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Why does the sentence below not have comma after the word young (When clause)?

When we are young we pester our parents with questions because we believe they are omniscient.

(Source: Barron's 601 words)

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    Welcome to ELL, Sapere_aude! This subordinate clause is so short - only three words - that the meaning of the sentence is perfectly clear without a comma. You are right though: usually there would be a comma there. Commented Aug 29, 2021 at 5:08
  • When you learn English you get taught simple rules, but most writers don't actually follow the rules English teachers speak. There aren't actually fixed, generally agreed rules about commas.
    – Stuart F
    Commented Jul 10, 2023 at 18:33
  • Because it flows as a single thing. When we went to the market we shopped for vegetables because your mother told us to. No comma. [we pestered]
    – Lambie
    Commented Jul 10, 2023 at 19:03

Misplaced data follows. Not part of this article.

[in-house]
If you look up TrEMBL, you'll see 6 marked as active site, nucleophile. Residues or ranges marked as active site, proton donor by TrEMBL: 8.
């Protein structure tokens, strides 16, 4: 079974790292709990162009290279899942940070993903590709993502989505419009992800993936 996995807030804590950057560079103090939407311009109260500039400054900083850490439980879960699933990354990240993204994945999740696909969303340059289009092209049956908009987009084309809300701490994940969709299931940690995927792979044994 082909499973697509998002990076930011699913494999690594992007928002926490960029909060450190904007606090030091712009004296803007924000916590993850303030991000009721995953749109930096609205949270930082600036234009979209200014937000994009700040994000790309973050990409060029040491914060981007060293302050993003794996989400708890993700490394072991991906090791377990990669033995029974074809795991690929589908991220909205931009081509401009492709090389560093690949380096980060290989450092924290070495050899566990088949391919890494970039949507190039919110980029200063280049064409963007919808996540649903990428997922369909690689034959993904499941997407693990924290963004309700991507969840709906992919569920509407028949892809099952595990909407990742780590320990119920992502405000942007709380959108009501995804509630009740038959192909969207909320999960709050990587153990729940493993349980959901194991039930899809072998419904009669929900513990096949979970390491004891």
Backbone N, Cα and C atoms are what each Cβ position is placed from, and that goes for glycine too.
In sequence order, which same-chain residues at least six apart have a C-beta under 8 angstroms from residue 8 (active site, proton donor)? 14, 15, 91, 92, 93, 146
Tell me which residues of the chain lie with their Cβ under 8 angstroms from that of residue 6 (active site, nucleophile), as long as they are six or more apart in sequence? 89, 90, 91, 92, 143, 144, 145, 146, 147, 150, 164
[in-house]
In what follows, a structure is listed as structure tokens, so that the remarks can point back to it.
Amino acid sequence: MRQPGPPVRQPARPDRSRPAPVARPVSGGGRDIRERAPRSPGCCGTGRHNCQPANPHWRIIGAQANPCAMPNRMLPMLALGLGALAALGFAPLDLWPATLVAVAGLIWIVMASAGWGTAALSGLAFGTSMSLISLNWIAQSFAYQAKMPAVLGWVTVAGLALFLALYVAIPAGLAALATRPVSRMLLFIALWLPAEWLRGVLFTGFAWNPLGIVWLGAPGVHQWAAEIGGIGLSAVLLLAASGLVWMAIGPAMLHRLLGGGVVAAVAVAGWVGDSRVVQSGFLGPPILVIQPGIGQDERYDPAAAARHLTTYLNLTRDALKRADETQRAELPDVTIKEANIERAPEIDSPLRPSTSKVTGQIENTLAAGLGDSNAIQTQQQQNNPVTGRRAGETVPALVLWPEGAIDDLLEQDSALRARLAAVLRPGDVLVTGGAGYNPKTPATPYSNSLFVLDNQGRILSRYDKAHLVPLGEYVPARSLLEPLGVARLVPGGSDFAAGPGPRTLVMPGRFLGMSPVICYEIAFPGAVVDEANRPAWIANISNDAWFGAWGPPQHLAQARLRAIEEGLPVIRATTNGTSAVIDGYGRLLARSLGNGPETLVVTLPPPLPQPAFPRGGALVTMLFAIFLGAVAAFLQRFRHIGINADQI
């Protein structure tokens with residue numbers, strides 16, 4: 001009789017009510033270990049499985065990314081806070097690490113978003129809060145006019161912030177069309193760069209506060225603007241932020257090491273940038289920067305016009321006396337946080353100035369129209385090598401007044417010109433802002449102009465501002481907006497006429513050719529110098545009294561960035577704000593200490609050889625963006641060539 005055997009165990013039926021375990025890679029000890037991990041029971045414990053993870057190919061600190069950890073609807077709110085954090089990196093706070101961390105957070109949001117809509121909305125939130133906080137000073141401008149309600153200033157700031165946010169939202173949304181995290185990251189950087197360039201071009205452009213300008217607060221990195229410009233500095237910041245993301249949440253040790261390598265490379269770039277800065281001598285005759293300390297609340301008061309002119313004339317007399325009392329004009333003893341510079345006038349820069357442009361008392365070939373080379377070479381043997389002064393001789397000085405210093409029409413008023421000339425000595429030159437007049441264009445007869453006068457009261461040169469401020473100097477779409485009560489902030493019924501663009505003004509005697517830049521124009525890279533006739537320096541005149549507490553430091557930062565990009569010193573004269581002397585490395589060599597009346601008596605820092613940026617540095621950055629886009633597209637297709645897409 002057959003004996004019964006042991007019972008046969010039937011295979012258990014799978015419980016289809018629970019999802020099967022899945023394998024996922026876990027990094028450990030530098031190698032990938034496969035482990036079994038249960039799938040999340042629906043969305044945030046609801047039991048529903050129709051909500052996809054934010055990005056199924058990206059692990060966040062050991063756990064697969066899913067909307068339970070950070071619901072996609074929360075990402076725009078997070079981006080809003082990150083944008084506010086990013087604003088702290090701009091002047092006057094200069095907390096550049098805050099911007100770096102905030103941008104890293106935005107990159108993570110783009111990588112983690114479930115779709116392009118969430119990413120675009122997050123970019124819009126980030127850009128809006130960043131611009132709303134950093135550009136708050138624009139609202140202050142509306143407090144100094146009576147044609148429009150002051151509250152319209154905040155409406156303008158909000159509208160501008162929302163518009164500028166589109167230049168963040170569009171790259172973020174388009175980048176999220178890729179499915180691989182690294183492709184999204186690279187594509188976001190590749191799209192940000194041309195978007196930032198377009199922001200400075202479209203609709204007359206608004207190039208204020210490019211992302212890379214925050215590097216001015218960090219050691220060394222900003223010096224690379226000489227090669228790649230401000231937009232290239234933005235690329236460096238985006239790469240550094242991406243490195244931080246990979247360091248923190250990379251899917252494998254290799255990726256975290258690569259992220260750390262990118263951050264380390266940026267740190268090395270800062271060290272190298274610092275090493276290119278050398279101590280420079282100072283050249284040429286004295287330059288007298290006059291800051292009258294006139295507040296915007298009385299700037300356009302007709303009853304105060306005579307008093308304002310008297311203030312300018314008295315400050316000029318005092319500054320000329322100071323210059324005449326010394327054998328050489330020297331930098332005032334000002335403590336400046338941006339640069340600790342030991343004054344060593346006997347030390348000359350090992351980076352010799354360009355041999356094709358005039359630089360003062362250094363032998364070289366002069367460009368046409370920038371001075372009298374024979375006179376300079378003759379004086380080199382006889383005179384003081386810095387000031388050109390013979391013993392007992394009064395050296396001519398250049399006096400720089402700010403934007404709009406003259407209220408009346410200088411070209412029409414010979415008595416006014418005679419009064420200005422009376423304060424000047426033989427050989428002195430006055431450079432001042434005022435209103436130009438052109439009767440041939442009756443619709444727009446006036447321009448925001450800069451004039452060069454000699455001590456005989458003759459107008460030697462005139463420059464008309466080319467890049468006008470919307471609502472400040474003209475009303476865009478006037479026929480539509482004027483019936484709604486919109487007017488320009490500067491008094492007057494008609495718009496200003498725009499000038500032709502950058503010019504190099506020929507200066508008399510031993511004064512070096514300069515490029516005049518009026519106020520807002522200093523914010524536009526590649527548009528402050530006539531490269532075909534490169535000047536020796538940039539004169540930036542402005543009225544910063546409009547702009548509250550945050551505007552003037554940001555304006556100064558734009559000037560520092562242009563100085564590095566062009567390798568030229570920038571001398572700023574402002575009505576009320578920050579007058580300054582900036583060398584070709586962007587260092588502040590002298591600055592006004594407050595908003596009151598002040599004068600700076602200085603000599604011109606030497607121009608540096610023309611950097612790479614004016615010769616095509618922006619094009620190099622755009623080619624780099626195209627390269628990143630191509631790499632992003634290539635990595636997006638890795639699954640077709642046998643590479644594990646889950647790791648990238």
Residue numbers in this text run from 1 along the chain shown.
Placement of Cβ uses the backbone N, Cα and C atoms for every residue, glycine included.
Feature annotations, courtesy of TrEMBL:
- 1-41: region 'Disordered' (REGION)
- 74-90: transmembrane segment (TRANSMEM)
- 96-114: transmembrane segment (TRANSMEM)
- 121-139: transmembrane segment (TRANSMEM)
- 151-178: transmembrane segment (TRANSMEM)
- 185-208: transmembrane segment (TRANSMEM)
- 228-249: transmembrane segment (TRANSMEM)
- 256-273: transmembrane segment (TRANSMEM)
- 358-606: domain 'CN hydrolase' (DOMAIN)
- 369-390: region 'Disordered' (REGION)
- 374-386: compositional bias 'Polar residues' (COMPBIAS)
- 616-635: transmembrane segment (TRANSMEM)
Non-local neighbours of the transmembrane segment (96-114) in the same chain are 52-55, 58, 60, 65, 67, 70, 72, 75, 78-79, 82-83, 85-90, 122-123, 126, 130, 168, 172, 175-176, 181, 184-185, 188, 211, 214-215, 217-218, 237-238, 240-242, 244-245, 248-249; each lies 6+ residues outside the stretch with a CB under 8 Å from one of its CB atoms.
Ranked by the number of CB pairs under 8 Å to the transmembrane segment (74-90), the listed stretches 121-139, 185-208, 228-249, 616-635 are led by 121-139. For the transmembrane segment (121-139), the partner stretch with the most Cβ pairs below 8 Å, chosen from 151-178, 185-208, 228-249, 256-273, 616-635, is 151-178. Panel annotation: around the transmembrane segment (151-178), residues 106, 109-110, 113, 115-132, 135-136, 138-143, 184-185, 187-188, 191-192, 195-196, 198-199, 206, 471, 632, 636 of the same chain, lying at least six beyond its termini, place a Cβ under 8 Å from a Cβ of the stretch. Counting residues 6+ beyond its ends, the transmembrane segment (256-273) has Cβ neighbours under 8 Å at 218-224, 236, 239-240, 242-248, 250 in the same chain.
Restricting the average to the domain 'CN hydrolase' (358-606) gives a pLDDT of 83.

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Writers frequently make exceptions to the "rules." I'm sure that's true of all languages.

Some publications have editorial styles that differ slightly from the "rules" we are taught in elementary school. One common difference is to omit commas that do not affect understanding.

So the "rule" being applied here is probably something like this: Do not place a comma after a short subordinate clause that opens a sentence. This clause is only 4 words long. The absence of a comma does not make it difficult to understand the sentence. If the opening clause were 10+ words, readers might find the sentence difficult to understand (at first) if the comma were absent.

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